b)

c)

ii)

1.2.2 See Chapter 2, 2.1, for reference to ICAO SARPs on safety management systems (SMS), as well as industry and ICAO guidance on SMS.

1.3 FUEL CONTAMINATION IN THE SUPPLY CHAIN, TYPES OF CONTAMINATION AND WHERE IT CAN OCCUR 1.3.1 Figure 1-1 is from the IATA IFQP Training Manual.3 It illustrates a schematic for the supply and distribution chain from refinery to aircraft. Actual routes, outlined in Chapter 4, and required tankage and filtration will vary depending on the needs of any particular supply route. From the airport fuel depot the fuel is delivered to aircraft via hydrant and vehicle systems discussed in Chapters 5 and 6. The risk to the integrity of the fuel in relation to its inherent properties and from contaminants can occur at any point in the supply chain from the point of manufacture to the final delivery to aircraft, and thus create the potential to adversely affect fuel systems, including fuel tanks, aircraft fuel systems and engines. 1.3.2 The primary types of contamination are water, particulate and microbiological material. In addition, contamination can occur from other fuel grades and chemicals that may be in multi-product transport systems. The fuel may also be rendered off-specification by either under-dosing/overdosing of approved additives, using an incorrect additive or from product testing issues not limited to, but including, poor sampling, incorrect test procedures and uncalibrated laboratory equipment. These issues can occur in the various elements of the supply chain as follows: a) Refinery. Incorrect and/or inadvertent use of additives, insufficient settling/tank cleaning to allow removal of dirt and water, incorrect sampling, incorrect test procedures and a lack of laboratory equipment calibration. Pipeline. Inadequate interface monitoring and cutting procedures, interface migration due to poor pipeline controls, failure to flush manifolds, dead legs and booster pumps. Also, inappropriate pipeline sequencing, lack of effective pipeline maintenance, infrequent or ineffective low point drains, lack of document checks/traceability. Marine. Inappropriate vessel selection, incorrect loading or unloading sequence, ineffective cargo segregation, incorrect and/or inadvertent use of additives on-board, non-dedicated marine loading arms or hoses and inadequate draining/flushing/change-of-grade procedures, lack of document checks/traceability.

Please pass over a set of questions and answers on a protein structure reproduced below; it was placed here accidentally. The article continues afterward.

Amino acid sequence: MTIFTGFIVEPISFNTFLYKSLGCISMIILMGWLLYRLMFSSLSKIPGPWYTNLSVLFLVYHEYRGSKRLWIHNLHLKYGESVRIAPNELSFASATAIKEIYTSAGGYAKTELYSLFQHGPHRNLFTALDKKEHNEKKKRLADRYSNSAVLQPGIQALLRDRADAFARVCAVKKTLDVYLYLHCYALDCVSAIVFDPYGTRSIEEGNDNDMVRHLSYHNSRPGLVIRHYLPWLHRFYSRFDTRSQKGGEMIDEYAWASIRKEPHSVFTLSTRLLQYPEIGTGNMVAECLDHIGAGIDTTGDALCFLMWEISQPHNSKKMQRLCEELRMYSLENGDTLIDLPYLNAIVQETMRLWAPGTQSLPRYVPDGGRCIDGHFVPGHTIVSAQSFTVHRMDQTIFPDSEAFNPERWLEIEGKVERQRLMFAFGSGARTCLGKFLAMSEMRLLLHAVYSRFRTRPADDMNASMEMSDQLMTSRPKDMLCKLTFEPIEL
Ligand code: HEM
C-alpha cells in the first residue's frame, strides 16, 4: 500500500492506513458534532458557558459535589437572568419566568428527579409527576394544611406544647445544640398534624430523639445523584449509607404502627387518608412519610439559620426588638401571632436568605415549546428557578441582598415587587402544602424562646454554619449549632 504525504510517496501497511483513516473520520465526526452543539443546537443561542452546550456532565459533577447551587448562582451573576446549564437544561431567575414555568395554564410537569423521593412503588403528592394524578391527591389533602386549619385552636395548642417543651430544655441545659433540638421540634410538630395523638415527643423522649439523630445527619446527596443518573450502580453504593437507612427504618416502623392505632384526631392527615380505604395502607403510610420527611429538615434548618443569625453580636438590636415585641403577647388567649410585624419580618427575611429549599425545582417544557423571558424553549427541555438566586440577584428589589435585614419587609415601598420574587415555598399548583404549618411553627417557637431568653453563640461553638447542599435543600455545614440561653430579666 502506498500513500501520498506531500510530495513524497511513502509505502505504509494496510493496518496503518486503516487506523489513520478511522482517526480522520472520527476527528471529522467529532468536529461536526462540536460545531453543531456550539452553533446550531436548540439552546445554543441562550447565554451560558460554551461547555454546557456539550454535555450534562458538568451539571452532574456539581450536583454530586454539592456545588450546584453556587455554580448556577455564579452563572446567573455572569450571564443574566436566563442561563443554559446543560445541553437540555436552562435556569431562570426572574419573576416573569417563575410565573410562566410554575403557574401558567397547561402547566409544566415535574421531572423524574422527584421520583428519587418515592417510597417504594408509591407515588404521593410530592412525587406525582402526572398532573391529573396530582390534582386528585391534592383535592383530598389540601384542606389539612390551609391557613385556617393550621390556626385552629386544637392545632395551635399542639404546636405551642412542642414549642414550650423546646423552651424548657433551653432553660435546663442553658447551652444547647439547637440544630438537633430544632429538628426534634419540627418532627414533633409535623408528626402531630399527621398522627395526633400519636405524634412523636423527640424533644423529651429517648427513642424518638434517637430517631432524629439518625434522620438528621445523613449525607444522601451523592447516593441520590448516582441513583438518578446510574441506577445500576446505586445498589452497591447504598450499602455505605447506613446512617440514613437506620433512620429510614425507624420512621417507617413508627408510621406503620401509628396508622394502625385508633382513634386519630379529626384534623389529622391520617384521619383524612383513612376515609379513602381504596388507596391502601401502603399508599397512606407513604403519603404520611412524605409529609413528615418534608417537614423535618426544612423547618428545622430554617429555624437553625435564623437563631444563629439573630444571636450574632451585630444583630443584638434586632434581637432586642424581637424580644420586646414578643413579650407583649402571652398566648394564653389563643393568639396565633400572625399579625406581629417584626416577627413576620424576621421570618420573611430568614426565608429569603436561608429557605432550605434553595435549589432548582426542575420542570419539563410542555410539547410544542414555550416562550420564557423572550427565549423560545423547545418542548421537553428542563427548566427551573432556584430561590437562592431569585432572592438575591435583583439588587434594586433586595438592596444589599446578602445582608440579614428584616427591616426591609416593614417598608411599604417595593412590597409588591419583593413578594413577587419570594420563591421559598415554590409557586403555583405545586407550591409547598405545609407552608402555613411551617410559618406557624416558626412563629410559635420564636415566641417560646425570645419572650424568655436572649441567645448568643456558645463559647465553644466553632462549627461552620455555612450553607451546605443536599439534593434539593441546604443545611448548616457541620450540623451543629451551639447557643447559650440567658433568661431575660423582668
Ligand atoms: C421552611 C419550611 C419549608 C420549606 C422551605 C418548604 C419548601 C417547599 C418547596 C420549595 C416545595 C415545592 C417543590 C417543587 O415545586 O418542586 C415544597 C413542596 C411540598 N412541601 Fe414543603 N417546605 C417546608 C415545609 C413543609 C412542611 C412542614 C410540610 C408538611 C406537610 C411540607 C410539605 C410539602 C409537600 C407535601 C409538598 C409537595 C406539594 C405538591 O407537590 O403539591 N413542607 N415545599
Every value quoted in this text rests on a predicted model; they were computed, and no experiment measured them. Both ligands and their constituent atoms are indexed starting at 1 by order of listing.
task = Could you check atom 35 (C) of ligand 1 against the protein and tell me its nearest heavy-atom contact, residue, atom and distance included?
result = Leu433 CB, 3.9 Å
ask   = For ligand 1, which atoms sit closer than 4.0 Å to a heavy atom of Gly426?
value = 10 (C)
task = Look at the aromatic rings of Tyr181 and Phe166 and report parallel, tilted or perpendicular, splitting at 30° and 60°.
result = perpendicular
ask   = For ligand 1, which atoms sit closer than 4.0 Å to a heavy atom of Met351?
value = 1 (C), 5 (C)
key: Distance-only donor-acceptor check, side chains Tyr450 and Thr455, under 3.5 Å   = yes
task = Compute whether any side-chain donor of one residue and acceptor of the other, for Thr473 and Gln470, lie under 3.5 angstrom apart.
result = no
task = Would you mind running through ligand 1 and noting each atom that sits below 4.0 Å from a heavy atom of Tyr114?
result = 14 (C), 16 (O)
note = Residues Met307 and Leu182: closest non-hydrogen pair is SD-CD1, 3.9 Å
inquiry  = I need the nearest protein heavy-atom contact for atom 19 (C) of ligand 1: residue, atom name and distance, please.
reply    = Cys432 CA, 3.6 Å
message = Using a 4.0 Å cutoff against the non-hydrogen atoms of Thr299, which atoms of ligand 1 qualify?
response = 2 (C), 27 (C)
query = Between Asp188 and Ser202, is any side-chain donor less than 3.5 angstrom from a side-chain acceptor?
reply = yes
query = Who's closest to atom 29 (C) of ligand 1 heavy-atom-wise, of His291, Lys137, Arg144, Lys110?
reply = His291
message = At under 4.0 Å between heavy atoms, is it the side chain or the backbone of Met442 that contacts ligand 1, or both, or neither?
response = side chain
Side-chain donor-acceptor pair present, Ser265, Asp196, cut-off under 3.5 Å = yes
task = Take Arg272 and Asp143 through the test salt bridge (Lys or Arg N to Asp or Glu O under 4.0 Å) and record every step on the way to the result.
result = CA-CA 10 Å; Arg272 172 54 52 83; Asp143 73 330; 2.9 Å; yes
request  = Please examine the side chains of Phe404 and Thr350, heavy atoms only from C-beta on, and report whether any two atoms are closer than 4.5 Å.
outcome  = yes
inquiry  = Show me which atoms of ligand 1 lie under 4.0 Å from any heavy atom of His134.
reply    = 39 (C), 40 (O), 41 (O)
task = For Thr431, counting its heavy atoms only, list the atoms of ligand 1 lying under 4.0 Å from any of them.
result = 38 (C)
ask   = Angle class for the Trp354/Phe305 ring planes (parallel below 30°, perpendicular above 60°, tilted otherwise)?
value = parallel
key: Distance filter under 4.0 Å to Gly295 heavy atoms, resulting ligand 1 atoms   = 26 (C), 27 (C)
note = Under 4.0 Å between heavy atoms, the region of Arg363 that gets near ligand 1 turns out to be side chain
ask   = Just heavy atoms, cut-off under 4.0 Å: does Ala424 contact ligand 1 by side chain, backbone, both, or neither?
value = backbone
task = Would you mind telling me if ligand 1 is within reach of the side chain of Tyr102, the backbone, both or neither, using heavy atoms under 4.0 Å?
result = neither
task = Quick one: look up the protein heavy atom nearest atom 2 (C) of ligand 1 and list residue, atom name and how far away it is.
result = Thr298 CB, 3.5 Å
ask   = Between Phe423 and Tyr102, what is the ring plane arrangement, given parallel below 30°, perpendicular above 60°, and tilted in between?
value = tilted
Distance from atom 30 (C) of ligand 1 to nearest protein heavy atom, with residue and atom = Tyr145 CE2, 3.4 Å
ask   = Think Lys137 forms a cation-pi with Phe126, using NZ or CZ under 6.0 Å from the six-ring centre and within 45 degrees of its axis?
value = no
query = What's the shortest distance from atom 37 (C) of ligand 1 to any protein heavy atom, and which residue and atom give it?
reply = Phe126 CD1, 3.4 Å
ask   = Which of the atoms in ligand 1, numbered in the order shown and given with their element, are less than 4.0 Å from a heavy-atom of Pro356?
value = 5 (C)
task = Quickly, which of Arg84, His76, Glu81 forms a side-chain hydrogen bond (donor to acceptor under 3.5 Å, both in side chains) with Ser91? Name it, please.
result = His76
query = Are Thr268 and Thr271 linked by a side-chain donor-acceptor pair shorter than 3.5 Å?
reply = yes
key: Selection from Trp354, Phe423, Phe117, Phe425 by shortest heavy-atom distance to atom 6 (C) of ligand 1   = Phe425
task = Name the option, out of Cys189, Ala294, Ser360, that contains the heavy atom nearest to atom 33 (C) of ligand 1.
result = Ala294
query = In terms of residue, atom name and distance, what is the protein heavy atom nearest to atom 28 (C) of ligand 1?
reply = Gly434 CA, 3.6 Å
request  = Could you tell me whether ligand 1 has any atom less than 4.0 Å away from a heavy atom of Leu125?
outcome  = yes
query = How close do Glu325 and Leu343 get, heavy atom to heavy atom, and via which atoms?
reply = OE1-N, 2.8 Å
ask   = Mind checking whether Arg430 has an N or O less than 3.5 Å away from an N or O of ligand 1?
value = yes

b)

c)

3.

Used with the permission of IATA.

Chapter 1.

Introduction d)

1-3

Filtration. Incorrectly specified filters, inadequate maintenance and daily operation checks, unsuitable or damaged filter vessel lining, incorrectly installed filters and incorrectly installed ancillary equipment. Storage tanks. Poor design making water and dirt removal difficult or impossible, incorrect lining materials, failure to conduct adequate draining for water and dirt removal, lack of effective segregation, ineffective change-of-use procedures, infrequent tank inspection and cleaning. Road and rail. Breakdown and/or mishandling of critical equipment, cross-contamination, incorrect change-of-grade procedures, no settling and draining prior to discharge, lack of document checks/ traceability. Airport vehicles. Breakdown and/or mishandling of critical equipment, inadequate checks during loading and/or fuelling.

e)

f)

g)

Terminal

Filter/water separator Clay-filter Microfilter Airport fuel depot Pipeline Filter/water separator

Refinery

Filter/water separator

Tank truck

Refuelling nozzle Filter/water separator Tank wagon Helicopter

Refueller

Filter/water separator Barge

Filter/water separator Airport hydrant refuelling system

Monitor

Aeroplane

Figure 1-1.

Schematic for the supply and distribution chain from refinery to aircraft

______________________

Chapter 2 SAFETY, QUALITY AND OPERATIONS MANAGEMENT

2.1

SAFETY MANAGEMENT